China demands that the Philippines stop all forms of online gambling, while the country continues battling a significant illegal outflow of money.
China has been pressuring Southeast Asian countries to ban online gambling
Although the Philippine Amusement and Gaming Corporation (Pagcor) has suspended the issuance of new applications for Philippine off-shore gaming operators (Pogos), China wants the Philippines to take harsher measures, by banning all online gambling operations throughout the country.
According to the transcript of his Aug. 20 briefing, posted on the website of China’s Philippine embassy, China’s foreign ministry spokesman Geng Shuang said that, while China “appreciates the move to halt the issuance of new licenses, we hope the Philippines will go further and ban all online gambling”.
China has been increasing pressure on Southeast Asian countries to ban online gambling. These comments are merely the latest signal of their effort to convince their neighbours to support them in the effort to eradicate online gambling, which is said to cause hundreds of millions of yuan to illegally flow out of the Chinese economy.
Round-the-clock livestream and wagers as low as 10 yuan ($1.4) have made online casinos in the Philippines and Cambodia very popular among Chinese customers. They are easily accessible to lower-income Chinese people living in remote villages, who probably do not have the means to travel to Macau – the only spot in China where casinos are legal.
Demands from gamblers in inland China have caused online and phone betting to grow exponentially in countries such as the Philippines and Cambodia over the last few years. As a consequence, according to China’s embassy in Manila, large amounts of Chinese money entered the Philippines via money laundering and underground banking. China added that its citizens were being illegally drawn into the gambling industry, fueling social problems and crime at home, as well as creating instability, family and community problems.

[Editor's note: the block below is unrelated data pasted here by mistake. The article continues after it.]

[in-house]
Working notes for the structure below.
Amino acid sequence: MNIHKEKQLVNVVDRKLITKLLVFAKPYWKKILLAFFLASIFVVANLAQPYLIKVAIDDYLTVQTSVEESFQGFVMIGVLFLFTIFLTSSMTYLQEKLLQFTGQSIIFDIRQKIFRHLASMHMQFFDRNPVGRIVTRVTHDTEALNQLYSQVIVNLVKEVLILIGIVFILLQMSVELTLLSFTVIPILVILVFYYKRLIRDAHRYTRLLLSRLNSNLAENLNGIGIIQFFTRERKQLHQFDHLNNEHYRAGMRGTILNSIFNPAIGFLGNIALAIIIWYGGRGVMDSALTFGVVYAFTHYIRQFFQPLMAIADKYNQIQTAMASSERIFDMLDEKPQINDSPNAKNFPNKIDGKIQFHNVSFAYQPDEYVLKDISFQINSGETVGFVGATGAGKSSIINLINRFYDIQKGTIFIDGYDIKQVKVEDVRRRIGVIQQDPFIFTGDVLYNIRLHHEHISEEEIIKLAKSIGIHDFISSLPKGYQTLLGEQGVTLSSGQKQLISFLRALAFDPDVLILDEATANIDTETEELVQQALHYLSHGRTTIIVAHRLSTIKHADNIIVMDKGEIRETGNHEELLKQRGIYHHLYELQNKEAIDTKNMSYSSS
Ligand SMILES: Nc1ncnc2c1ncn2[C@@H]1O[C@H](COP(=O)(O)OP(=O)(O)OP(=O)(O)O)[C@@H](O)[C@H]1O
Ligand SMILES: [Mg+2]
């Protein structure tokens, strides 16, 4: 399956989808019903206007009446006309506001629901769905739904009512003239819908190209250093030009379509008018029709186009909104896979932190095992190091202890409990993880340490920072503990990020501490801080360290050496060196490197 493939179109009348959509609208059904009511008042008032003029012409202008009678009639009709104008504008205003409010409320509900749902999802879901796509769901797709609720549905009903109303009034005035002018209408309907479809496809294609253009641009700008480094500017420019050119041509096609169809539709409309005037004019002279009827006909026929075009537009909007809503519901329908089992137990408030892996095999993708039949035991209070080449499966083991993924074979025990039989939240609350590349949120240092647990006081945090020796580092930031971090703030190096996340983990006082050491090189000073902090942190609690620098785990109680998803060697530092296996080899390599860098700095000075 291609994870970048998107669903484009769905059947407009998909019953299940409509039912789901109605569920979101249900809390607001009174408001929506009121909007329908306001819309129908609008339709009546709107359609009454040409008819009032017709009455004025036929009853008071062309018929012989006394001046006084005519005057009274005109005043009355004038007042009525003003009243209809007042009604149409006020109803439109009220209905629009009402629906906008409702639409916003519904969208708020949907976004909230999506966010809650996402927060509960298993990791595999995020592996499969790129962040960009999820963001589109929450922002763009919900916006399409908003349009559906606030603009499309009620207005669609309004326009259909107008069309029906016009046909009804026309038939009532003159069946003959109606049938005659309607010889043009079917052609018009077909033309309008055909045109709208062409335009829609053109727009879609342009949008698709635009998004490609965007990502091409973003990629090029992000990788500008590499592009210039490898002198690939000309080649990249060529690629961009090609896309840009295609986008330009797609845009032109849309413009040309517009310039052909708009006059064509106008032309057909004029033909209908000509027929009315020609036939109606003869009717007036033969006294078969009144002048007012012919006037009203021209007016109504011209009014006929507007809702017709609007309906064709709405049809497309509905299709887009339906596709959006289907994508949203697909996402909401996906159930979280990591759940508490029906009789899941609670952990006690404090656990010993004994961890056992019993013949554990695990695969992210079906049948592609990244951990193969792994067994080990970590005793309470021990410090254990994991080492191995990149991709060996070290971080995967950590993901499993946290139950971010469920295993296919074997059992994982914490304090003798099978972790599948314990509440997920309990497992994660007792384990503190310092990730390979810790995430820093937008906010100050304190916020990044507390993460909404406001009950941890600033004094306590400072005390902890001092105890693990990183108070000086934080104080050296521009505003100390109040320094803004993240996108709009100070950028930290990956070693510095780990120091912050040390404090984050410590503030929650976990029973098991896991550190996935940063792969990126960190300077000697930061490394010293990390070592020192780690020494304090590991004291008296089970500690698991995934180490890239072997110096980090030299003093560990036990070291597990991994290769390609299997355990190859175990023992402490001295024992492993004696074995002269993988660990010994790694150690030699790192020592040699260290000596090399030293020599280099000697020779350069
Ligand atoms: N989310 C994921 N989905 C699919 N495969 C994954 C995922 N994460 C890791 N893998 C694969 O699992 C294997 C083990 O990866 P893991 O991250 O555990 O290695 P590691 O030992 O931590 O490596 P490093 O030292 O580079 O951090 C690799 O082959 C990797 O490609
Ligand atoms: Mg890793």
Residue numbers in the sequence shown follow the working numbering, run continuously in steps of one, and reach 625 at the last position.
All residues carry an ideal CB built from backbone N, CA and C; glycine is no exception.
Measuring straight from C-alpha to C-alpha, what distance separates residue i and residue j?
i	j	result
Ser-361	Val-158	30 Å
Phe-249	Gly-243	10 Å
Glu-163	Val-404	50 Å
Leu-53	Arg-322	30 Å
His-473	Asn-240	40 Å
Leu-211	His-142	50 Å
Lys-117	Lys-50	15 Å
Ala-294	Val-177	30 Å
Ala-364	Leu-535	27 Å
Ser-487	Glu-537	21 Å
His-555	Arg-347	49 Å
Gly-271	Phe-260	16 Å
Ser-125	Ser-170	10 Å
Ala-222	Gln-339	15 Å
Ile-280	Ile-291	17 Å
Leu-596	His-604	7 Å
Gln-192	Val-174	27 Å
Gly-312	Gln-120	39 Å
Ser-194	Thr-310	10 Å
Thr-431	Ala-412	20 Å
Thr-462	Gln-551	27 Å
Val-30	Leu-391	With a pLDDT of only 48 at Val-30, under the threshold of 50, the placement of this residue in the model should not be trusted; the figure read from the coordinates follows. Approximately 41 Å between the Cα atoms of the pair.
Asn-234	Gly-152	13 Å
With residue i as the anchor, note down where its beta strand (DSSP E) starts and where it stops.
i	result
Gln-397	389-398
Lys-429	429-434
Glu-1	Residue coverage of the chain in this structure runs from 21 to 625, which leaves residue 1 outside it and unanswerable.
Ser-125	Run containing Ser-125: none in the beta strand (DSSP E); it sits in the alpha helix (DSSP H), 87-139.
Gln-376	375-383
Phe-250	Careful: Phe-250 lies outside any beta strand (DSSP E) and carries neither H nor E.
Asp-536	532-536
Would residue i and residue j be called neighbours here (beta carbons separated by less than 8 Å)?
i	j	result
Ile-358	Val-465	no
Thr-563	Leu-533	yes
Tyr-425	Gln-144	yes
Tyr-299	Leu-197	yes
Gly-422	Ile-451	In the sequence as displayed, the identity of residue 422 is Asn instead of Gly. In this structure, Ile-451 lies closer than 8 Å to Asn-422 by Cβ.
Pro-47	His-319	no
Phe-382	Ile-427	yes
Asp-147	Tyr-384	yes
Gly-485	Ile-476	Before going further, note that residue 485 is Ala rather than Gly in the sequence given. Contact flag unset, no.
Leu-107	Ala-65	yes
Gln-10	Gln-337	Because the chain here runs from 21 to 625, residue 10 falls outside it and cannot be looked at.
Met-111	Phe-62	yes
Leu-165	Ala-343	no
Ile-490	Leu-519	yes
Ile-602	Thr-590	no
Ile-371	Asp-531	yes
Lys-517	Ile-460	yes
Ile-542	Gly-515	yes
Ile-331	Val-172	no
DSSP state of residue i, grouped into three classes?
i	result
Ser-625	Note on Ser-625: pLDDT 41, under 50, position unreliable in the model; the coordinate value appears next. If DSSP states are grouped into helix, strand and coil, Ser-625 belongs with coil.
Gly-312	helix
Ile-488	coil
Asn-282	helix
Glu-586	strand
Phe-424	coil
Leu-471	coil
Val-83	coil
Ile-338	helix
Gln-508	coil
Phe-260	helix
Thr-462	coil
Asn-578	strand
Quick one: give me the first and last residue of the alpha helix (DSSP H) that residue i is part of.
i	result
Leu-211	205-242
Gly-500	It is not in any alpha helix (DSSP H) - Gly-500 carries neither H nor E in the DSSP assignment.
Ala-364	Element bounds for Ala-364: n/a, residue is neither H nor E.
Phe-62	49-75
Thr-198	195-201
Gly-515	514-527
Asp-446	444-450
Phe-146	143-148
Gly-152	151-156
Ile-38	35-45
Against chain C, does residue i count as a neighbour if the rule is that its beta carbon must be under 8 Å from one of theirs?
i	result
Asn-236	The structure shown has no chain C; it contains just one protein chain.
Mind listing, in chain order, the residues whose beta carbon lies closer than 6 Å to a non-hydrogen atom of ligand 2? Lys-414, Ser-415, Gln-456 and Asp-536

The Philippines won’t shut down existing online casinos, officials say
The Philippine sector regulator said it won’t shut down existing online casinos, but authorities have agreed to refuse further applications for new licenses at least until the end of the year. Meanwhile, the plan is to review concerns about the industry.
Reacting to Chinese requests, the Philippine regulator stated: “We will not halt existing online casinos but will stop accepting applications for new licenses at least until the end of the year to review concerns about the burgeoning sector.“
The same move has been made by the Cambodian authorities. Chinese state news agency, Xinhua, reported on August 18th that Cambodia’s Prime Minister Hun Sen has ordered no new licenses for online gambling operations. Existing licenses won’t be renewed upon expiry, said the report.
China says anti-online gambling measures will bring peace and stability
Chinese officials are content with the developments, but want more. Further steps are necessary, Chinese authorities feel, in order to put a stop to criminal gambling activities. “We hope it will further strengthen law enforcement with China and jointly tackle criminal activities including online gambling and cyber fraud,” Geng said during a press conference. This will help create “peace and stability in the region,” he added, while praising Cambodia’s steps to rein in the practice.
“Online gambling is a most dangerous tumor in modern society detested by people all across the world,” Geng said of the Cambodian move. “It is a shared hope that this problem could be effectively dealt with.”
Philippines’ President Rodrigo Duterte encouraged the gambling sector
Over the last three years, over 50 Philippine offshore gambling operators have received licenses, due to President’s Rodrigo Duterte decision in 2016 to start awarding more permits to encourage the sector’s development. Money has been the driving force behind these licenses. Revenues from the Philippines offshore gambling industry are expected to reach 9 billion pesos ($172 million) this year, according to its regulator.
China’s demand for a ban on online gambling will have to receive the President’s approval, spokesman Salvador Panelo told reporters. “We will have to ask the president on his policy on this,” he said when asked about China’s request for a ban.
The problem goes very deep. The online casinos not only cater to Chinese clients, but they also employ Chinese staff. The Philippine online gaming industry employs about 138,000 workers, the majority of whom are Chinese. Earlier this month, the Chinese embassy in Manila had urged the Philippines to stop its casinos from employing Chinese citizens.
Effects are already being seen in economic areas other than the gambling itself. Property prices and consumption, especially around Manilla, have increased since online gambling has been encouraged. Now, with recent developments rendering the industry’s future uncertain, property stocks have begun to suffer, the performance index of listed builders reaching its lowest level since March.